We have written in previous issues about the good work Public Citizen does and how important what they do is for the American people. For more than 40 years, Public Citizen has led the fight against unfettered corporate power and for justice, fairness and a healthier, more equitable state of affairs in the U.S. The organization fights hard to protect consumers and preserve their rights. For example, Public Citizen has worked continuously to:
• Preserve access to the courts;
• Eliminate forced arbitration;
• Ensure safe products in workplaces;
• Protect the public interest before the U.S. Supreme Court; and
• Defend victims of corporate abuse and wrongdoing.
Public Citizen’s longstanding, fearless work on drug and medical device safety, pressing for the removal of unsafe drugs and devices from the market and pushing for improvements in U.S. Food and Drug Administration (FDA) operations, may have been its best work. The FDA has failed to carry out its responsibilities on numerous occasions. Each year more than 100,000 people die from adverse drug reactions and another 2 million people are seriously injured. Unfortunately, the FDA has approved some drugs and medical devices that never should have been put on the market.
For example, the FDA dropped the ball on regulating a large compounding pharmacy, allowing it to continue to manufacture fungus-contaminated steroid injections that so far have sickened at least 620 people in 19 states, resulting in 39 deaths. What is particularly tragic for those who have been sickened or killed by the tainted drug and for their loved ones is that this situation was completely avoidable. Dr. Sidney Wolf, the Medical Director at Public Citizen, warned readers about compounding pharmacies in Worst Pills, Best Pills News back in 2001. He even had subsequent articles on the subject in 2006 and 2007. Even earlier, Dr. Wolf tried to get the FDA to act, but the agency never did.
Another example involves the drug Rezulin, which was approved by the FDA and later had to be pulled from the market. By the time the FDA banned Rezulin, it had caused hundreds of cases of liver damage, including 63 reported deaths. Worst Pills, Best Pills News warned of the potential danger a year and half before the FDA finally took Rezulin off the market. Unfortunately, the FDA is not the gold standard agency it once was. For that reason, Public Citizen has had to step up its efforts to keep the public informed. The following are some things Public Citizen has done:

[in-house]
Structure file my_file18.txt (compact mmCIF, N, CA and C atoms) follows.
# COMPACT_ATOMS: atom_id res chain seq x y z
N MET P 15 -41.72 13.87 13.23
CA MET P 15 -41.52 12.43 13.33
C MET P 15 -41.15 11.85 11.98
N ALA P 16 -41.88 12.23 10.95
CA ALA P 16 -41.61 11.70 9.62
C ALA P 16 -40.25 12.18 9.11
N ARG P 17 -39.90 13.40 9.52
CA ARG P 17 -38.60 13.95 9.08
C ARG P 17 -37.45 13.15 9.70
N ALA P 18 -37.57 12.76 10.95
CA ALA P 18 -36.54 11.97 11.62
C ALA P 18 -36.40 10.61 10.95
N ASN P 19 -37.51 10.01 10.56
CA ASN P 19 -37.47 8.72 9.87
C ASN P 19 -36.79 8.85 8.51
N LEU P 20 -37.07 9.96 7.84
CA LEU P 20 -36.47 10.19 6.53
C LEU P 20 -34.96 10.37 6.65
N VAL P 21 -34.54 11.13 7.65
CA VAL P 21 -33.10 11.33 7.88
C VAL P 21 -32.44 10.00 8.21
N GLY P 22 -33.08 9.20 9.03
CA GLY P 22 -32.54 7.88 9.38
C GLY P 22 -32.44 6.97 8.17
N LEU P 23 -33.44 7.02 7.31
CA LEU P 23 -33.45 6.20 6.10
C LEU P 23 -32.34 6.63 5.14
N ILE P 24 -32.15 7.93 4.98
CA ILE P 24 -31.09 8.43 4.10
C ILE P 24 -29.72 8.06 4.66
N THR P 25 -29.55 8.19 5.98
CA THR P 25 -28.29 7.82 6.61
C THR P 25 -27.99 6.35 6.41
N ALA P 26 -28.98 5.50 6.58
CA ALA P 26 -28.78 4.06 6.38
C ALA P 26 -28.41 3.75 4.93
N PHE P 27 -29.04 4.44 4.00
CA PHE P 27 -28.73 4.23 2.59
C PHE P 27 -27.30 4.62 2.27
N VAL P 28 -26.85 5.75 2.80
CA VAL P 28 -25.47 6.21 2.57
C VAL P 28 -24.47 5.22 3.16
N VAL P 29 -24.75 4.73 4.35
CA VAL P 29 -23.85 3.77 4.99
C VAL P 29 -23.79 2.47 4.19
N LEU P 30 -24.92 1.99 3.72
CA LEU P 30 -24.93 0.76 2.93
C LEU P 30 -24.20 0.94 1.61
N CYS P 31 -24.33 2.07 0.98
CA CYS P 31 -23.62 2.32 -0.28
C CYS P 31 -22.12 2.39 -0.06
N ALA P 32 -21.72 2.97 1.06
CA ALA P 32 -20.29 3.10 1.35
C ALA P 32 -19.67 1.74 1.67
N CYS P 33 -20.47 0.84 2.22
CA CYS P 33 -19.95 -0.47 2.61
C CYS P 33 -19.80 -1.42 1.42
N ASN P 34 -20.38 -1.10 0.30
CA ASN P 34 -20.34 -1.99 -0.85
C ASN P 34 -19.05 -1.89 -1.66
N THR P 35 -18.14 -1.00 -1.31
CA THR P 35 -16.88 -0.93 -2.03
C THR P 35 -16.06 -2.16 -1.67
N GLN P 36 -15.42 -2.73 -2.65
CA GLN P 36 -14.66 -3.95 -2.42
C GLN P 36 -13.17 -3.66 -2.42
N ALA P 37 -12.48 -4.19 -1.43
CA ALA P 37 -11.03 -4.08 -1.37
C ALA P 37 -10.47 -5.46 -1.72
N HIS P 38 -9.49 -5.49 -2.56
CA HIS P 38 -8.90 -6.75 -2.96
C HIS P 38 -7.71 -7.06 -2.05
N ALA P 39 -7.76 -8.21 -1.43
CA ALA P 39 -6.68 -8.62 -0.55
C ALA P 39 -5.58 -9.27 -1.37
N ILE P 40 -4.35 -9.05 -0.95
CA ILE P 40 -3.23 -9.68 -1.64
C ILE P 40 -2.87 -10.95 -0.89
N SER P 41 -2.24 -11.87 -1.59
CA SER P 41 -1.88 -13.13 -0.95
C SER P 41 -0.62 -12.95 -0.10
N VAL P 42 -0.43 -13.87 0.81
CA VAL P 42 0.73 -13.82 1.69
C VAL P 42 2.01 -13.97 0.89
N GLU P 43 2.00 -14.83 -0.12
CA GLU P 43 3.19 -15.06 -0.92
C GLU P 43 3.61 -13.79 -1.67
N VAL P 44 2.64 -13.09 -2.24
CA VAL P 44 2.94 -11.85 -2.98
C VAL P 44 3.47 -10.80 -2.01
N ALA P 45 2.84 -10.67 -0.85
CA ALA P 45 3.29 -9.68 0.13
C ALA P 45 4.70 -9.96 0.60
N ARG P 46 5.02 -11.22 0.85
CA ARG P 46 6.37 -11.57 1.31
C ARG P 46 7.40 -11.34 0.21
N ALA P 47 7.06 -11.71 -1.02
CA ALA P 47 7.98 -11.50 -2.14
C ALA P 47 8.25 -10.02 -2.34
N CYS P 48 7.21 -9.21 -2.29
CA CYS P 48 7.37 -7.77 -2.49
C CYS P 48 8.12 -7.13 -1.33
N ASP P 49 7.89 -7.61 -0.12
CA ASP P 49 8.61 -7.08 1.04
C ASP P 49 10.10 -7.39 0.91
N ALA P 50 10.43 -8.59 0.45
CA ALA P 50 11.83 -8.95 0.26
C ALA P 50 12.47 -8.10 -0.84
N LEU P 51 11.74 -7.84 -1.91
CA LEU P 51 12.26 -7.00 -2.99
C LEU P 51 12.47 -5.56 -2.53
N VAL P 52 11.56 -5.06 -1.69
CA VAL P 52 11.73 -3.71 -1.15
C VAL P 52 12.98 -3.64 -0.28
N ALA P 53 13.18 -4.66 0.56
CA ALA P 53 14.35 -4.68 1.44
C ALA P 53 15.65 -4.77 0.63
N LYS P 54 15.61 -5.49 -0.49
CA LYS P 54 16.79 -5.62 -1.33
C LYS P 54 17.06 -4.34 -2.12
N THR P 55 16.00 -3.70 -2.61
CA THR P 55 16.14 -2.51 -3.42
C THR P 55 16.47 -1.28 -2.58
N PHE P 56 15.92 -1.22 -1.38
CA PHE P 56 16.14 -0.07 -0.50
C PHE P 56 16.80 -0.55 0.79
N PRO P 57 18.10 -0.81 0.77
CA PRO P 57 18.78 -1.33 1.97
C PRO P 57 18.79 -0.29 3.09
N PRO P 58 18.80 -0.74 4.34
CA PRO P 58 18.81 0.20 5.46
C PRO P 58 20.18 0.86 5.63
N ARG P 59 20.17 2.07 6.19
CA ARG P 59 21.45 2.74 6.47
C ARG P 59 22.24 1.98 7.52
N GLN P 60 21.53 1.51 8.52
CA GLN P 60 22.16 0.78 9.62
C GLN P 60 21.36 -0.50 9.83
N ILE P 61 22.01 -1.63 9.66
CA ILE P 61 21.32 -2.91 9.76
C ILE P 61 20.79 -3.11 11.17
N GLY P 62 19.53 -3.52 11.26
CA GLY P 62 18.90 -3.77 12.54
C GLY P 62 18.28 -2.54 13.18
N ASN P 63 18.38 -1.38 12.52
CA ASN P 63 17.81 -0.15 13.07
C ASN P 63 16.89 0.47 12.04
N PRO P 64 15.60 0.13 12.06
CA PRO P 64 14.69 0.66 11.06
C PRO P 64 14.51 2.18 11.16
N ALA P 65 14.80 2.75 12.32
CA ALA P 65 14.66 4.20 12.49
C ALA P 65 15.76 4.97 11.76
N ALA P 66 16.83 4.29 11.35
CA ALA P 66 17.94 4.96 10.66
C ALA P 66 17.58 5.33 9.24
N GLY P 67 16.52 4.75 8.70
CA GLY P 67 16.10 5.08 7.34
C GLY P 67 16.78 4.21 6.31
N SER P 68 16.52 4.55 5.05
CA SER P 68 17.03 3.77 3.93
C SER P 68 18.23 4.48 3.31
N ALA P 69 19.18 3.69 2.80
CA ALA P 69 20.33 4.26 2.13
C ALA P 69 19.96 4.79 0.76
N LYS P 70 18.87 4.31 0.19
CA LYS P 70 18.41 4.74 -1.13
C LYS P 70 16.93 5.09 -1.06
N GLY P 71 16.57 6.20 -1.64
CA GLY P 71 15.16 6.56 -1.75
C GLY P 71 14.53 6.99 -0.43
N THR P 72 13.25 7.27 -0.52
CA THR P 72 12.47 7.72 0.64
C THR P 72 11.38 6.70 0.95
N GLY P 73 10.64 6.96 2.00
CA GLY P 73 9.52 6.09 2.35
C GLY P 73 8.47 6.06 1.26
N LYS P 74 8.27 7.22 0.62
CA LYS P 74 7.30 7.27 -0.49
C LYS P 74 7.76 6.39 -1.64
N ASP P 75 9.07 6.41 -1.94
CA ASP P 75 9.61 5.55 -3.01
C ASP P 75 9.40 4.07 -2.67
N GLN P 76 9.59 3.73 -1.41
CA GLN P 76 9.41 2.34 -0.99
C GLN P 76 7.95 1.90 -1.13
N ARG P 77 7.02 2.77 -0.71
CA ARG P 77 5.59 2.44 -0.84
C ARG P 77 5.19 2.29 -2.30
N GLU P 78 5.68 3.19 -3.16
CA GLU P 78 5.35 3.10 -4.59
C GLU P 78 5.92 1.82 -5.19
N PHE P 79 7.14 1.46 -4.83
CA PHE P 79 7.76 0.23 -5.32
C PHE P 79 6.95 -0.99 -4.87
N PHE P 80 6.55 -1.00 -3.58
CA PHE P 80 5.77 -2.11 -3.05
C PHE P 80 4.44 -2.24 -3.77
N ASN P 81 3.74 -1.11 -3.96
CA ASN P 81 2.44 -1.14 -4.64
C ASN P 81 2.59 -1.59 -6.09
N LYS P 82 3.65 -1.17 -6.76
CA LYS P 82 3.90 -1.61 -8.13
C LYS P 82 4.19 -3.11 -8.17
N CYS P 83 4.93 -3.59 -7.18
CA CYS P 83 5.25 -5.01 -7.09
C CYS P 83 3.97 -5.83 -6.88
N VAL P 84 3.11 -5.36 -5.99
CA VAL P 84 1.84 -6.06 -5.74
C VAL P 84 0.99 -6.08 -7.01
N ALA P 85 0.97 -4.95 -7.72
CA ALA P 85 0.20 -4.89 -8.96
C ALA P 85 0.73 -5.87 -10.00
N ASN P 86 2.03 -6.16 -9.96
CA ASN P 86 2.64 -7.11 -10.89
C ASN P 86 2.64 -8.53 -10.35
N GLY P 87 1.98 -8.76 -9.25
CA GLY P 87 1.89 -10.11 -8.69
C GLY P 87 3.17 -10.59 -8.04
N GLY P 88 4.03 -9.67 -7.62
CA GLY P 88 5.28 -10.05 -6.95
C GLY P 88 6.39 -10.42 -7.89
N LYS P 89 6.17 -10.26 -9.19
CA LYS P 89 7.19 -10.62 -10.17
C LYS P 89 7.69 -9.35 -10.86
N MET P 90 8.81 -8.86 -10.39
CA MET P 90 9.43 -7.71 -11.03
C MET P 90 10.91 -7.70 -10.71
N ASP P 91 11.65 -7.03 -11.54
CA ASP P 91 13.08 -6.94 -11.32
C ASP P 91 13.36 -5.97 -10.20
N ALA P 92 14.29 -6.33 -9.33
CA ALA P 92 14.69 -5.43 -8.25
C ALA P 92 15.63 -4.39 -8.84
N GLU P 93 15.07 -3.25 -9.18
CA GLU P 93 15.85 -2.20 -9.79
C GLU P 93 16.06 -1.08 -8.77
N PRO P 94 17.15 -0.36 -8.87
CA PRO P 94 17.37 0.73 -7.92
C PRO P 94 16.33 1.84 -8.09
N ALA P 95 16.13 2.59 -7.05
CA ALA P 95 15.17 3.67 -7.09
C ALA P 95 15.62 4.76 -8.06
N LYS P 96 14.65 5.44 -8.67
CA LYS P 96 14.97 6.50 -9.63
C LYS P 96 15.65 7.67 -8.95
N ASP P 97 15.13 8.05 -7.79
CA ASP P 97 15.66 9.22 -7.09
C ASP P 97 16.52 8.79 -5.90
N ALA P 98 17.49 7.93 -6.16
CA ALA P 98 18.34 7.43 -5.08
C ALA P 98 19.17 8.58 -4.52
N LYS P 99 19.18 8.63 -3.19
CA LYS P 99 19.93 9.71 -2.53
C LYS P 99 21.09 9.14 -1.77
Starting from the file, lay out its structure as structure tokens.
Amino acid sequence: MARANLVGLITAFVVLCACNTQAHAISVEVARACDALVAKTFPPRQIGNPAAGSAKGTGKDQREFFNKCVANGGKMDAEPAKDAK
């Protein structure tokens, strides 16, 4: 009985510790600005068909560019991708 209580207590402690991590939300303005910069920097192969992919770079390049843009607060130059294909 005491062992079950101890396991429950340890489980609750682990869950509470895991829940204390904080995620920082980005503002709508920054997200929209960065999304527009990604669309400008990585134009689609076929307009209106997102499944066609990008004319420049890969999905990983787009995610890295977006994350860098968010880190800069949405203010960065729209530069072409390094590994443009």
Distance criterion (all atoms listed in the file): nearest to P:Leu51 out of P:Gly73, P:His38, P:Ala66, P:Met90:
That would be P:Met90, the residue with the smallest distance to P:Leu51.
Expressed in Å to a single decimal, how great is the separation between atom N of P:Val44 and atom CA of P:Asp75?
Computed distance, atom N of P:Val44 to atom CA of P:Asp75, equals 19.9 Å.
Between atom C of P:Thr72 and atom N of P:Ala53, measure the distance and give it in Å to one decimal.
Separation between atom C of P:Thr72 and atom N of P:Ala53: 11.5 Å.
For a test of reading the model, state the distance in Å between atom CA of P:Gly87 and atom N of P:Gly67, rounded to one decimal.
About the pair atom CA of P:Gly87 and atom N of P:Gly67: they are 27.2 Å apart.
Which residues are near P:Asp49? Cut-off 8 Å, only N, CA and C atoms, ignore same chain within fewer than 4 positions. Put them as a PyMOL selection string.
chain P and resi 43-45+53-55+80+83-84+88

• Public Citizen closely monitored the FDA where the drug review process is heavily dependent on industry financing. In fiscal year 2011, total drug industry user fees to the FDA central drug office – where drugs are reviewed – were $619 million. This means that approximately 60 percent of the total budget for reviewing drugs came directly from “regulated” companies. Because of this unhealthy financial relationship, Public Citizen has had to further increase the speed and intensity of its challenges to the safety of many drugs by petitioning the FDA to ban or relabel them. This responds to the urgent need to supplement the inadequate FDA (and Congressional) oversight of the drug industry.
• Public Citizen has had medical experts testify regularly at FDA advisory committee meetings about the safety of drugs, trying to stop dangerous drugs from being approved or arguing for them to be banned.
• Public Citizen formally petitions the FDA to remove unsafe drugs from the market or issue black box warnings. For drugs approved between 1975 and 2000, partly because the FDA sped up the approval process to accommodate the demands of the drug industry, one in five new drugs has to be removed from the market or receive a black box warning after FDA approval.
I encourage all of our readers to consider membership in Public Citizen. You can get more information on this organization at citizen.org. By joining, you can stand with Public Citizen, an organization that has the capabilities, experience and determination to lead the fight for more democracy, transparency, accountability and justice.
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